Hatching bags from Uruguay and Argentina

I continue hatching annual killifish in small volumes of water at home, feeding the alevins with pond food. This week I wanted to hatch embryos from 9 bags with eggs which I bought on Aquabid, or otherwise. All bags came from Argentina or Uruguay. These bags are usually small and can become completely dry prematurely, killing all embryos in them. To keep the peat inside moist and the air with plenty of humidity, I used to put the bags on a sponge. This was then placed inside a plastic box with a layer of demineralized water on the bottom, keeping the air inside saturated. Disadvantage: the labels fade and bags need an extra waterproof mark. This time I checked the bags weekly and injected a few drops of water if necessary, using a syringe with a needle. This worked fine!
+ The hatching itself went like this: I added very cool water in the morning (14 degrees C), and let the temperature rise in the room during the day (to over 23). The amount of bellysliders was minimal.
Swimming are: A. luteoflammulatus, reicherti, elongatus, cheradophilus, nigripinnis, arachan. The week started well…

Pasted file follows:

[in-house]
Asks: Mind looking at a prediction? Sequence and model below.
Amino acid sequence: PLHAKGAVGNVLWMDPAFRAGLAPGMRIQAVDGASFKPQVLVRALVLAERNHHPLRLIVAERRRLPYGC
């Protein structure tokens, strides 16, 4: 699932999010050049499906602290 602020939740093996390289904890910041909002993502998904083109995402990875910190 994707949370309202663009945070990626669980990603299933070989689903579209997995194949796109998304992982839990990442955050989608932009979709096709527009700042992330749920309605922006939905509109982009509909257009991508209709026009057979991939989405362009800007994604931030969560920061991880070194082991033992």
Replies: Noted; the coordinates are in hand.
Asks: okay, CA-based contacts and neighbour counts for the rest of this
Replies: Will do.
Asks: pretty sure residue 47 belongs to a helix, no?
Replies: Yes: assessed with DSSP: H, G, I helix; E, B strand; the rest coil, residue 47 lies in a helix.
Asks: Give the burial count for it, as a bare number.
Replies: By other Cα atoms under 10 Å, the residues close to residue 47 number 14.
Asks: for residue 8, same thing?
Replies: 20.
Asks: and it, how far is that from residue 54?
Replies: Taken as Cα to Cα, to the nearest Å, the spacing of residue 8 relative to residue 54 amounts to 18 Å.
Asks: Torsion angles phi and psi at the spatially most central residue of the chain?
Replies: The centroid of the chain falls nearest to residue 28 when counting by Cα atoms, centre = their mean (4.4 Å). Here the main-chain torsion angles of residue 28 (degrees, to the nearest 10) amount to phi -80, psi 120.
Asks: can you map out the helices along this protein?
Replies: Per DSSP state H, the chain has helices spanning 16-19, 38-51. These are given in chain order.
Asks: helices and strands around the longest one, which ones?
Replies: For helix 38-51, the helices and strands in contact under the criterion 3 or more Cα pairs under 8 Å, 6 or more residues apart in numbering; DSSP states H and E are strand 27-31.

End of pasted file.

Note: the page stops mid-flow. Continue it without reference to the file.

Hatching on a sinus

Last week, at the ECOTRON Ile de France research station, five students, one engineer and myself did a short experiment on hatching Austrolebias. We used a prototype of the ECOLAB developed there, to simulate a diurnal cycle with a ten degree temperature difference between night and day (going from 15 to 25 degrees). At four times during the cycle, we put embryos in the ECOLAB in multiwell plates and added 5 ml of “hatching water” to each well. We used about 400 embryos from several species.
The data will be analysed next Tuesday, but my first impression was that we had the least bellysliders when the embryos were wetted at 15 degrees, and the temperature went up to 20 degrees within the following six hours.
The ECOLAB consumes lots of energy and resources, so let’s hope our results pay off, that the outcome will make all our hatching more efficient. More on this next week.